A 30-hour Fiordland downpour forced a hypothermic hunter's mate to call in a rescue helicopter on Thursday - but the pair had almost decided not to pack the device which saved his life.
Denis Tipene was on a three-week hunting trip with Paul McClelland along the Henry Burn, near Dusky Sound when his hypothermic condition became so bad he couldn't walk or talk.
They had only planned to take a radio to keep in contact with civilisation, but Mr McClelland's wife, Julie, nagged him into taking a beacon with them.
On Wednesday, 10 days into the trip, they had tramped up the Henry Burn from their base camp.
For hours it did nothing but rain. The weather hadn't been good all trip - they had one day of fine weather - but this was different, and Mr Tipene began to suffer.
"All day it had been getting colder - I was getting worse," Mr Tipene said.
In the headwaters of the burn they made a simple fire and had a bare bones meal of tea and baked beans. They slept badly in a tent full of water before deciding to turn back early on Thursday morning.
It was a horrible walk. With 25kg packs on their backs, they fell, stumbled and trudged their way towards their base, further down the burn.
It took seven hours. Fog closed in and soon there were no landmarks to see by, Mr McClelland said.
By 3pm, Mr Tipene was in a bad way. Mr McClelland had been cajoling him and trying to get him to move, but it was getting worse.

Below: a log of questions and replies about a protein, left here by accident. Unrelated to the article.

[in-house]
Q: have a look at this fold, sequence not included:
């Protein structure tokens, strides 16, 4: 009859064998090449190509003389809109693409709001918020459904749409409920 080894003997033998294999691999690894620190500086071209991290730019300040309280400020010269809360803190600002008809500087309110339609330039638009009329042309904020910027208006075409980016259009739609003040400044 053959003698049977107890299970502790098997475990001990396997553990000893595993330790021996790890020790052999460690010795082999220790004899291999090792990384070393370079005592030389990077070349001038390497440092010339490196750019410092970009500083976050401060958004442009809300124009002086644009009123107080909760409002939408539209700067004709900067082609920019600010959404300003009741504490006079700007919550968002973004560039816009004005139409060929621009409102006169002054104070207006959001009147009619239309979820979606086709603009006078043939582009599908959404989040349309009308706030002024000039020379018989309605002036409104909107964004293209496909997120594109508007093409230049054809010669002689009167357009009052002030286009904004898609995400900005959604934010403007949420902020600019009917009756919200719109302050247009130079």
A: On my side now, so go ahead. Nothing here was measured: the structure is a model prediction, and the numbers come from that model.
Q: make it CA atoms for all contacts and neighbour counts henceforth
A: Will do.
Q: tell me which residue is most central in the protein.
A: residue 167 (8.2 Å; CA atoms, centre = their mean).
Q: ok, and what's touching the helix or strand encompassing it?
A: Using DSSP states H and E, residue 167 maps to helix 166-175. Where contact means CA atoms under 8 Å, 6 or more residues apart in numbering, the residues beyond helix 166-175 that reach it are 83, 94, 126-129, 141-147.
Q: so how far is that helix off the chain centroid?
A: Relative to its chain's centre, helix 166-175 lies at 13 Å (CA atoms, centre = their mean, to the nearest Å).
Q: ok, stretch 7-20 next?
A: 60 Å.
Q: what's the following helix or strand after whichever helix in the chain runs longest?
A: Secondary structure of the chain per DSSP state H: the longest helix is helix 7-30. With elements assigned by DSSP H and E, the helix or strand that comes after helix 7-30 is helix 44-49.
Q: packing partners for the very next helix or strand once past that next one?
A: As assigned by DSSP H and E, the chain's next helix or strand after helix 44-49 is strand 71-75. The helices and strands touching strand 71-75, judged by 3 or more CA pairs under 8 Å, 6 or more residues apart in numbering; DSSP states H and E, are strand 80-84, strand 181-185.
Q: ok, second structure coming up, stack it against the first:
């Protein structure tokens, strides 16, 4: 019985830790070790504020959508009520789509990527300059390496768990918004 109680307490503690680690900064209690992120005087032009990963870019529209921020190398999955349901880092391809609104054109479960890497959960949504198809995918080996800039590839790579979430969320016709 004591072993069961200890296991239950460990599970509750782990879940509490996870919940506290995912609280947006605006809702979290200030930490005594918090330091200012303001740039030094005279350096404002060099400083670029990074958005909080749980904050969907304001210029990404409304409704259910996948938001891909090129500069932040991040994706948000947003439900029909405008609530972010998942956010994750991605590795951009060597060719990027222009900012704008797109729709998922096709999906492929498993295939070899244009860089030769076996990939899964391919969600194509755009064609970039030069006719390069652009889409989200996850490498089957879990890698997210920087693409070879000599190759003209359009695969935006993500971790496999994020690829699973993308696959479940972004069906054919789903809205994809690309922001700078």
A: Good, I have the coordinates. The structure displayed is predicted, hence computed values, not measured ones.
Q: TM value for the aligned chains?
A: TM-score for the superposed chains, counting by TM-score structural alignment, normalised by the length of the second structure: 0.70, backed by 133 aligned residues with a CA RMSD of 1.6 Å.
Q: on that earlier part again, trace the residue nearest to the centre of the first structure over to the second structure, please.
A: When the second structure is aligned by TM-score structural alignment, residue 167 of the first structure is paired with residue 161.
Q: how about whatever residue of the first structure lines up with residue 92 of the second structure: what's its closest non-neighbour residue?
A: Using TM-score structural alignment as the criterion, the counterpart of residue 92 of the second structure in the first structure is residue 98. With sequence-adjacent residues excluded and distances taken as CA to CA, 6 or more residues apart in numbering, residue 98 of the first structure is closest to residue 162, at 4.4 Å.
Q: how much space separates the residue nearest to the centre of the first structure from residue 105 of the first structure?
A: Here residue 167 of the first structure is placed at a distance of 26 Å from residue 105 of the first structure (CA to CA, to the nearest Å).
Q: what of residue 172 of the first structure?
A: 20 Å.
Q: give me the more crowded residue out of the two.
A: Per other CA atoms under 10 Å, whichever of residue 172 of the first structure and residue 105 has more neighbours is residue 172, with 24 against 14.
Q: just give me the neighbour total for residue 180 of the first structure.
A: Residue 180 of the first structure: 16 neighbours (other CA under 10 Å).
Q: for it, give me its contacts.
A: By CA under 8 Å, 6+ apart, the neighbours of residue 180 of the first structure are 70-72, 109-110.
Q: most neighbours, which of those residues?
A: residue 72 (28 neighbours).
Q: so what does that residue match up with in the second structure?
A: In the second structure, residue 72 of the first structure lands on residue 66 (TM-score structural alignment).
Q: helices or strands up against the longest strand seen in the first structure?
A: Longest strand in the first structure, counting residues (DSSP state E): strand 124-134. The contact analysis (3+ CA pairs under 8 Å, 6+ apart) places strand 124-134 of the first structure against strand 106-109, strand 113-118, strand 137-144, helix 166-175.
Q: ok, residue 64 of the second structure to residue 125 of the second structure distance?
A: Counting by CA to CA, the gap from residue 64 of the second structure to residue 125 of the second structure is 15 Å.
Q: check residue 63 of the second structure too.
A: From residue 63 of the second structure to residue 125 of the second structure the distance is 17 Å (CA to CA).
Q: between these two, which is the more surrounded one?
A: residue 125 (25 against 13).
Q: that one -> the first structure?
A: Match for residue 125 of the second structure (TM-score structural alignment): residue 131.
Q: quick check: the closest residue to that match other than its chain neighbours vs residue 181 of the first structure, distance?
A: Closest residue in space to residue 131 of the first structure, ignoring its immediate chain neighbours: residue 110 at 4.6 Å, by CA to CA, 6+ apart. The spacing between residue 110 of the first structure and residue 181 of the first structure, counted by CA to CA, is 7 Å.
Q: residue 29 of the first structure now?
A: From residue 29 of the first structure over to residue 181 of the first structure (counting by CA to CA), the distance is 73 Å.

"He couldn't even talk, or walk," he said. "Couldn't carry his pack. Nothing."
He realised he had no option but to activate the beacon.
"Denis would have died out there. He would have died last night."
Because he knew help was on the way, he set about trying to save Mr Tipene's life.
"I got him under a tree, on an upturned tent."
He opened the survival pack he always carries when tramping.
"I put the tin foil over him, wrapped him up in two sleeping bags, sat and waited." Two hours later, the Southern Lakes Helicopter arrived. Mr Tipene was flown to hospital in Invercargill.
It turned out they were only a couple of kilometres from their base camp, but Mr McClelland said he had no choice. He stayed behind to pack up the camp and said there had been 100mm of rain overnight.
"We were trying to get back, but he couldn't do it . . . I was trying to look after Denis, get him home. He couldn't go any further. That was the end of that."
The pair were recovering at Mr McClelland's house yesterday.
He said the beacon had saved Mr Tipene's life, and it was a testament to how well they worked and how important they were.
- © Fairfax NZ News
Check out what's on in your community or post an upcoming event.
Subscribe to a digital replica of The Southland Times.
Southland Times subscriber news and information.
Click here for information about advertising with The Southland Times.